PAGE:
Swimming medal haul defended by Sparkes

The most senior official in British swimming launched a staunch defence of his sport's performance in Athens yesterday, saying that it is "much easier" to win medals "paddling up and down in boats" in the rowing than it is in the pool.

The most senior official in British swimming launched a staunch defence of his sport's performance in Athens yesterday, saying that it is "much easier" to win medals "paddling up and down in boats" in the rowing than it is in the pool.

David Sparkes, the chief executive of British Swimming, was defending the methods employed by his Australian performance director, Bill Sweetenham.

As Sparkes spoke yesterday morning, Britain's swimming medal tally stood at one bronze, won by Stephen Parry in the 200m butterfly. Sparkes said the lack of medals was due to the sheer number of entrants in his sport.

"We've got 150 nations out here competing for medals," he said. "Medals have gone to South Africa, medals have gone out to Argentina. It's not like rowing where you've got about 30 nations in the world doing it."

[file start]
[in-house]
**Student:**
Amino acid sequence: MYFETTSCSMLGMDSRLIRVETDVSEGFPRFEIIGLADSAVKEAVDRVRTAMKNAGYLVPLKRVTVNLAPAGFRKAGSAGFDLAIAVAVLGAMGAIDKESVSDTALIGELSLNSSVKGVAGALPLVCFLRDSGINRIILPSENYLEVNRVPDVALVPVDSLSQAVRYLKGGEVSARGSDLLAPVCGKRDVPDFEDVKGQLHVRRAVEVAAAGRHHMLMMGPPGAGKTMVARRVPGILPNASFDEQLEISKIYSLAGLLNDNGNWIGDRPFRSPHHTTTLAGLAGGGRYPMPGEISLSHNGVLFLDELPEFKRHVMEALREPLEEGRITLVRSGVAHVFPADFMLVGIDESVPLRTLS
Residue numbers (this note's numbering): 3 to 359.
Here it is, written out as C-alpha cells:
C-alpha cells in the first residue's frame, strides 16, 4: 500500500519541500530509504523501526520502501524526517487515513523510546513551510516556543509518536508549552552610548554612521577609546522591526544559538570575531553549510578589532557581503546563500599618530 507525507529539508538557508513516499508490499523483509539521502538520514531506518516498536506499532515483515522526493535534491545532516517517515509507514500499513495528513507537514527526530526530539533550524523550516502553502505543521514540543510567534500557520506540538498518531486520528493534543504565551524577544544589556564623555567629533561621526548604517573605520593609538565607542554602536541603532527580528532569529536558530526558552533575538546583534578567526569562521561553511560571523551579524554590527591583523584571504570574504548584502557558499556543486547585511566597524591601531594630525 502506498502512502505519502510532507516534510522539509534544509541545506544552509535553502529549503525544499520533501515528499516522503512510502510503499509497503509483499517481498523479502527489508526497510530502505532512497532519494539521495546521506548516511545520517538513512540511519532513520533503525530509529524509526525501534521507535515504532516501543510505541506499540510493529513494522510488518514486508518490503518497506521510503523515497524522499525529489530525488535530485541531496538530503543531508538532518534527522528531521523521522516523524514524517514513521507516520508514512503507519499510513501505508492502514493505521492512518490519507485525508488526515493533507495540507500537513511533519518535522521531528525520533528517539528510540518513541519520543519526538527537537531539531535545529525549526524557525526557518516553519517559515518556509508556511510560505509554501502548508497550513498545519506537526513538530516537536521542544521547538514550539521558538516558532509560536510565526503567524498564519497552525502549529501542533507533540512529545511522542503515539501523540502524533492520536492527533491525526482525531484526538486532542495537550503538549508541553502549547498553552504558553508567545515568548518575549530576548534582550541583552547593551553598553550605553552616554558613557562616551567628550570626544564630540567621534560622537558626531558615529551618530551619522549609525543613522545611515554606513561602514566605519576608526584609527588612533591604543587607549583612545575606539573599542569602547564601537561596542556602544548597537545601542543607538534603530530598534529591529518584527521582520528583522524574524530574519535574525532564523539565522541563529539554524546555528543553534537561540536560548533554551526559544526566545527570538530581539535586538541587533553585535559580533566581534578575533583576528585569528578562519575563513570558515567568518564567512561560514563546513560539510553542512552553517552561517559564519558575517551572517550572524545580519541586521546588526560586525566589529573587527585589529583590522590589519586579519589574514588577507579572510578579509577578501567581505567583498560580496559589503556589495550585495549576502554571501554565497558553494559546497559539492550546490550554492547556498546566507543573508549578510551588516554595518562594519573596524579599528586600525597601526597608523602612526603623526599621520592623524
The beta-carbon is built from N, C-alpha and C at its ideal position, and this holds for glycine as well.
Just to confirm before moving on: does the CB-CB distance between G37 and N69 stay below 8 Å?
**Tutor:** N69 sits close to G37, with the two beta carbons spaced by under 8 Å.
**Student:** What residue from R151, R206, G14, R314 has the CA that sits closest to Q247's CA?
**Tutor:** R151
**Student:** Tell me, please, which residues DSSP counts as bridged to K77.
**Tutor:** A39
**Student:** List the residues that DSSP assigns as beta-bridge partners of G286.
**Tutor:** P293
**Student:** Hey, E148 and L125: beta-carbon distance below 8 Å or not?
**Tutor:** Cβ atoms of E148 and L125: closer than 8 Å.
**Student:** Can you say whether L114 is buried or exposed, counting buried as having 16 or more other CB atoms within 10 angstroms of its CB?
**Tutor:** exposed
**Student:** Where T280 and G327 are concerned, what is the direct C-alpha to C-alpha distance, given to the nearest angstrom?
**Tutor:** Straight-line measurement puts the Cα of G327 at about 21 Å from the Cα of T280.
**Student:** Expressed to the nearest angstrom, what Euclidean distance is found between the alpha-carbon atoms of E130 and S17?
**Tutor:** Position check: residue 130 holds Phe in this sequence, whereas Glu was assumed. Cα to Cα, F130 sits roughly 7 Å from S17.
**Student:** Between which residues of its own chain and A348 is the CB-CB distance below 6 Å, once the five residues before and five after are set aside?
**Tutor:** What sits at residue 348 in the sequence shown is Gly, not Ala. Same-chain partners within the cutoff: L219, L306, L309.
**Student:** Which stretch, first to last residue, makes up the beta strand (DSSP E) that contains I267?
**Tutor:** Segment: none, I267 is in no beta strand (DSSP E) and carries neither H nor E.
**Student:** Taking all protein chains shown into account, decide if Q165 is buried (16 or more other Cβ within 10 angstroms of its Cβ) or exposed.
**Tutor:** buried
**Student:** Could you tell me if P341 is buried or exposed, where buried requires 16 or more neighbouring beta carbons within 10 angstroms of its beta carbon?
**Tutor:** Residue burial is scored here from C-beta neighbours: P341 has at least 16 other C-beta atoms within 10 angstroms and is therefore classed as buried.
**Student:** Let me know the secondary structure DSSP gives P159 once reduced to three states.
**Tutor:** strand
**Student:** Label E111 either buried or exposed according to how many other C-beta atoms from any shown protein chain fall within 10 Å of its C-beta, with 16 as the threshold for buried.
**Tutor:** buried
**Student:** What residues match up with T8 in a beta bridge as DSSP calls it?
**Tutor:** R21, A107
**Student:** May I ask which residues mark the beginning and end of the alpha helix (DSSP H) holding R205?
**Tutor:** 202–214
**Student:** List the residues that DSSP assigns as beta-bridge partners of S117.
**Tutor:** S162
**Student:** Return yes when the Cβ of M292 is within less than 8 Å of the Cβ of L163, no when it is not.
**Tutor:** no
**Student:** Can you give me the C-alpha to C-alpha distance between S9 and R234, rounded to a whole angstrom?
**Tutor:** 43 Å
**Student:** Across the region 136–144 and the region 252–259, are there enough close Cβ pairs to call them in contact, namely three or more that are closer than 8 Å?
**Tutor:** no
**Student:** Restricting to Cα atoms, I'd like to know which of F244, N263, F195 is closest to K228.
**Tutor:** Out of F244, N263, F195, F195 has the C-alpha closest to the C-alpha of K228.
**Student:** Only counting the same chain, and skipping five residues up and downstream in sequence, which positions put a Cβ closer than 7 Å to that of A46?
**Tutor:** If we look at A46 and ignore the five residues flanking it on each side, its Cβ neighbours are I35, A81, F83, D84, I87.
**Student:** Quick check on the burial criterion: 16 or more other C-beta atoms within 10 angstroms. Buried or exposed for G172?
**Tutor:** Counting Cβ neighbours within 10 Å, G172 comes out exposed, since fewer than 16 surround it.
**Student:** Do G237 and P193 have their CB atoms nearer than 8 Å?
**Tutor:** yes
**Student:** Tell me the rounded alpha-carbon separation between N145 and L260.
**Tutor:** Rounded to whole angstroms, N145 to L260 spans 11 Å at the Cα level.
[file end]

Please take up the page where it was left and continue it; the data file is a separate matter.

Sparkes' provocative comments come as he and Sweetenham are under fire for perceived under-achievement.

"[The rowers] actually get twice as much funding as us as a matter of fact, but you have got to remember you're not competing against the world, you're competing against about a quarter of the world," he said.

Some 200 nations compete internationally in swimming, with 153 countries represented here at the Games.

"That's a heck of a difference to the number of nations [55 of them] that will be paddling up and down in boats," Sparkes said. "Is it easier to win a medal in rowing? Yes, it's much easier.

"Bill Sweetenham's got it right in the sense that we're going in the right direction," added Sparkes.

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